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A person has to be prepared and adaptable to deal with winter in Vermont. Depending upon where you live, some of the essentials are a wood stove and a generator, the wood stove being the most important. If you can keep the interior of your home from freezing you’ll still have water and the pipes won’t burst. If you depend on electricity for heat, good luck. One ice storm could leave you without power for days. The longest I have experienced is eight days.

My two wood stoves are essential for surviving winter. Even new generators can let you down, but the usefulness of a simple wood stove is priceless. The next need is fuel. If you go through all of your firewood before the end of the heating season you may still have fuel alternatives that are universally available. Many years ago I came up with a couple of alternatives that have served me well.

I tried heating with a pellet stove and found it to be problematic. You need electricity to run a pellet stove, and if you have frequent power outages, they can be susceptible to the downside of power surges. Even with surge protection, I lost the use of my pellet stove twice when the circuit board shorted out. I was so frustrated that my pellet stove eventually ended up at the recycling center. When I gave it that final shove off the trailer, I felt a sense of relief and bid the damned thing good riddance. I was back to a simple wood stove that fall.

After having some experience burning pellets, I decided to try a device that would allow me to burn pellets in a standard wood stove without electricity for an auger and a fan. I found a manufacturer online that offered a metal cage insert for the express purpose of burning pellets. I bought one of those inserts for my Woodstock Soapstone stove, and I still use it as a backup to this very day.

I liked the insert so much that I built a smaller one to fit into my Jotul woodstove. I purchased some angle iron and a supply of small round steel stock and MIG welded it together. It was an interesting exercise welding dozens of little steel rods together to form the burn basket, but it works great.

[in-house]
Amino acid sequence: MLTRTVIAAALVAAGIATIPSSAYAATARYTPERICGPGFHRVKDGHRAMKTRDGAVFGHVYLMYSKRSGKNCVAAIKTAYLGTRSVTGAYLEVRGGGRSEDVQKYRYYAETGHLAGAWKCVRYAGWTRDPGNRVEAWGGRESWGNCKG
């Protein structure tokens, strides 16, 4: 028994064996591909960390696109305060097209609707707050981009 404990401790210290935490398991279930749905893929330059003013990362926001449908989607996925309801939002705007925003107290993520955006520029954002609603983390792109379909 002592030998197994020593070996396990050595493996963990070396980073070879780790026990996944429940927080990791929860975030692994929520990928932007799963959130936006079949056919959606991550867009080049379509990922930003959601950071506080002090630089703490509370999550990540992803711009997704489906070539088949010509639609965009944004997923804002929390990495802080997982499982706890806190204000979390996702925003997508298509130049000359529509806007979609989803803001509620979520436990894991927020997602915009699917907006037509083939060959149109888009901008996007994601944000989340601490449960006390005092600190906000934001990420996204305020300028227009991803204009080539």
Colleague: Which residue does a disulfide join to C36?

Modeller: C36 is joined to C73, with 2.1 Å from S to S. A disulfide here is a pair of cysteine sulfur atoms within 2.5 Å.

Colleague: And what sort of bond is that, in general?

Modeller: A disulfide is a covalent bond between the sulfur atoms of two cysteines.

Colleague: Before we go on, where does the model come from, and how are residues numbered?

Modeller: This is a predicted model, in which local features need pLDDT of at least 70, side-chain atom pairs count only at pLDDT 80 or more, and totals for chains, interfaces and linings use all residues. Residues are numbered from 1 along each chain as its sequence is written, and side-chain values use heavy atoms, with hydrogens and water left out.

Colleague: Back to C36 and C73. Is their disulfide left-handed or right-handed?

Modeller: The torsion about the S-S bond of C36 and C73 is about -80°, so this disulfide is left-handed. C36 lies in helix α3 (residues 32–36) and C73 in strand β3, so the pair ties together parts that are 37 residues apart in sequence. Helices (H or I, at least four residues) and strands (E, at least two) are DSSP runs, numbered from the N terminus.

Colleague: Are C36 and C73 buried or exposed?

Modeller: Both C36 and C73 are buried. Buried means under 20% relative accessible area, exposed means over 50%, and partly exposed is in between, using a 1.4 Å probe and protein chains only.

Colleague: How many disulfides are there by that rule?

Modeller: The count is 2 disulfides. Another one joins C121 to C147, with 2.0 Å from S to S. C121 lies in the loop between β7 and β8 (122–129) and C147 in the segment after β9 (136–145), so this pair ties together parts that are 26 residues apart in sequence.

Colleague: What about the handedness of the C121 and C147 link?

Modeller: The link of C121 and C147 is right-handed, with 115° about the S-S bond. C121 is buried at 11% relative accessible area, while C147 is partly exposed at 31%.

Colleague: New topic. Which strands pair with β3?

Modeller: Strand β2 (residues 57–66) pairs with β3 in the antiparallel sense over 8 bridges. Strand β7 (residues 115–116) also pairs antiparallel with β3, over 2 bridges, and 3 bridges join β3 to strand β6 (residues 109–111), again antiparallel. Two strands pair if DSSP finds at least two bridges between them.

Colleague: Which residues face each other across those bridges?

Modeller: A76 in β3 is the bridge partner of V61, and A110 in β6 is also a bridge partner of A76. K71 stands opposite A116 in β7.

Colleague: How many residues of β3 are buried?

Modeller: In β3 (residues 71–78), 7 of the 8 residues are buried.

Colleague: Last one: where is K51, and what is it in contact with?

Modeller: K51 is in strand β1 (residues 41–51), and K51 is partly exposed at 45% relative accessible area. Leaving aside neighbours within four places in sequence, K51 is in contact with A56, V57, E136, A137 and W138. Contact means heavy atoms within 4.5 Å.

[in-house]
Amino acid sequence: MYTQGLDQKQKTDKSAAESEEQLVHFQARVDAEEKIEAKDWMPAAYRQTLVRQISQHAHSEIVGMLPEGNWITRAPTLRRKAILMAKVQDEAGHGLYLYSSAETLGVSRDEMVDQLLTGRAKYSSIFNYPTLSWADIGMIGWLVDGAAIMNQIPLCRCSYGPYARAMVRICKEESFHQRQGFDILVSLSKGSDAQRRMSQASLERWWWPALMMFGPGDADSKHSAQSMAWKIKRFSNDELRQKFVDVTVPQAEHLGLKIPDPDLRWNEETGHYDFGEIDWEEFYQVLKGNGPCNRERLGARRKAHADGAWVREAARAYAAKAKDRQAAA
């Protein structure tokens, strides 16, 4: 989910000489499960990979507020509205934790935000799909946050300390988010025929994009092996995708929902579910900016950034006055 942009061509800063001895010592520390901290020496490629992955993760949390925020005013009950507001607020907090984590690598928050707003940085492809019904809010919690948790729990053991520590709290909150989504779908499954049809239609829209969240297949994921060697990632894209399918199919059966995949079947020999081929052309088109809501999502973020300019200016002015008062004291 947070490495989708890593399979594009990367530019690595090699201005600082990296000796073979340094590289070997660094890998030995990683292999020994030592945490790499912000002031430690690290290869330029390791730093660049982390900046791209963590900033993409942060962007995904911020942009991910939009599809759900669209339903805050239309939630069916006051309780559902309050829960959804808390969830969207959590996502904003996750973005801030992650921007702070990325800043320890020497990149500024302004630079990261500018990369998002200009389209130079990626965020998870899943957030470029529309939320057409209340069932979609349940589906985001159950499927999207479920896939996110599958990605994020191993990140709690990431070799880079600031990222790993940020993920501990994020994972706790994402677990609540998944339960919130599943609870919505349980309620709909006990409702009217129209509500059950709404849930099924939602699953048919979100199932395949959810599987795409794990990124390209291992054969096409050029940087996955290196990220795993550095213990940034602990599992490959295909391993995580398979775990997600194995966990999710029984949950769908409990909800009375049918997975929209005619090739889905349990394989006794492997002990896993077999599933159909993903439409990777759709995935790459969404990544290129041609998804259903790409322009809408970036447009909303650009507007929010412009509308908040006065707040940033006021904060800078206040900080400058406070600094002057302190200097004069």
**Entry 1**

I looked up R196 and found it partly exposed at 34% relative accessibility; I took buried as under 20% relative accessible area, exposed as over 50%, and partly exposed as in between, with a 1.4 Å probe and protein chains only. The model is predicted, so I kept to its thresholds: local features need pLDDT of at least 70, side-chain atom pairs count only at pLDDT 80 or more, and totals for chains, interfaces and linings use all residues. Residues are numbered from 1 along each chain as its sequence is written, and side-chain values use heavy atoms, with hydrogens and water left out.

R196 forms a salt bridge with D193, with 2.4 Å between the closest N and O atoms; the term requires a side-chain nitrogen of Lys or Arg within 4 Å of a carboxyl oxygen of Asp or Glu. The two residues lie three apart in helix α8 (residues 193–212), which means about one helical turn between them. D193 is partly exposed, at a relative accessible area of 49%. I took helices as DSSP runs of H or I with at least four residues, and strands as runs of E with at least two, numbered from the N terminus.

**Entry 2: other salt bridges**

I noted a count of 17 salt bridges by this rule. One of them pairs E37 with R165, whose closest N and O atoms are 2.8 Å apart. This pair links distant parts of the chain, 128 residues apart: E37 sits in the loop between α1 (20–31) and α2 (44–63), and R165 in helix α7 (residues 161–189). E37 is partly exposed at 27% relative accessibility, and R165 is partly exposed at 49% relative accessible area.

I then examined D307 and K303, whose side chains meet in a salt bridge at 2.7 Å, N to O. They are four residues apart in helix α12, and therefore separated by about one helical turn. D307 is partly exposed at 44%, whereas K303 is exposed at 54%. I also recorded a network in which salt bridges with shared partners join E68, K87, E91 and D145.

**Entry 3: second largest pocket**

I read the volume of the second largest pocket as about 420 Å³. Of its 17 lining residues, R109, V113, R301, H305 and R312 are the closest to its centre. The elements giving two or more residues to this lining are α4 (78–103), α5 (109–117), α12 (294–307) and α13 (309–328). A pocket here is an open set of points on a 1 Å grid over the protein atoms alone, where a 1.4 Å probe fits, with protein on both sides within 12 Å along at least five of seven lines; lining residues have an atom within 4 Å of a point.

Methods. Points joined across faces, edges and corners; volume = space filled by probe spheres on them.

Eventually, I discovered Bio-Bricks, compressed blocks of sawdust that burn beautifully in the little Jotul. I buy a certain amount of those each year for backup and convenience. The only problem with them is availability. LaValley’s sells them, but they ran out at the end of February. No bueno! Tractor Supply sells a similar item, although the bricks are larger. Their availability is so incredibly unreliable that I don’t even bother. However, both of the aforementioned retailers always seem to have wood pellets, so my inserts go into the stoves should my cordwood and Bio-Bricks become unavailable.

Now I have four fuel sources for home heating: Propane, cord wood, pellets, and Bio-Bricks. Every fuel source works well and is relatively convenient.

I’m using all four fuel sources depending on the weather and what I feel like doing. I just got over a brutal bout with the stomach flu that kept me from taking down an Ash tree I planned to burn. Out came the inserts, and I started burning wood pellets. I am pleased with this arrangement. Normally igniting the wood pellets would be a bit of a hassle, but I use bacon grease and a propane torch to ignite the inserts. My Dad gave me three good-sized cans full of bacon grease, and it has been an invaluable tool for getting those pellet fires going. Failing that, I have been known to drill a hole in the cap of a plastic bottle full of vegetable oil. A few squirts and a long blast of the torch gets it going in no time.

The Morning Almanac with Arlo Mudgett is heard Monday through Friday mornings on radio stations Oldies KOOL FM 106.7, 96.3, and 106.5 and over Peak-FM 101.9 and 100.7.


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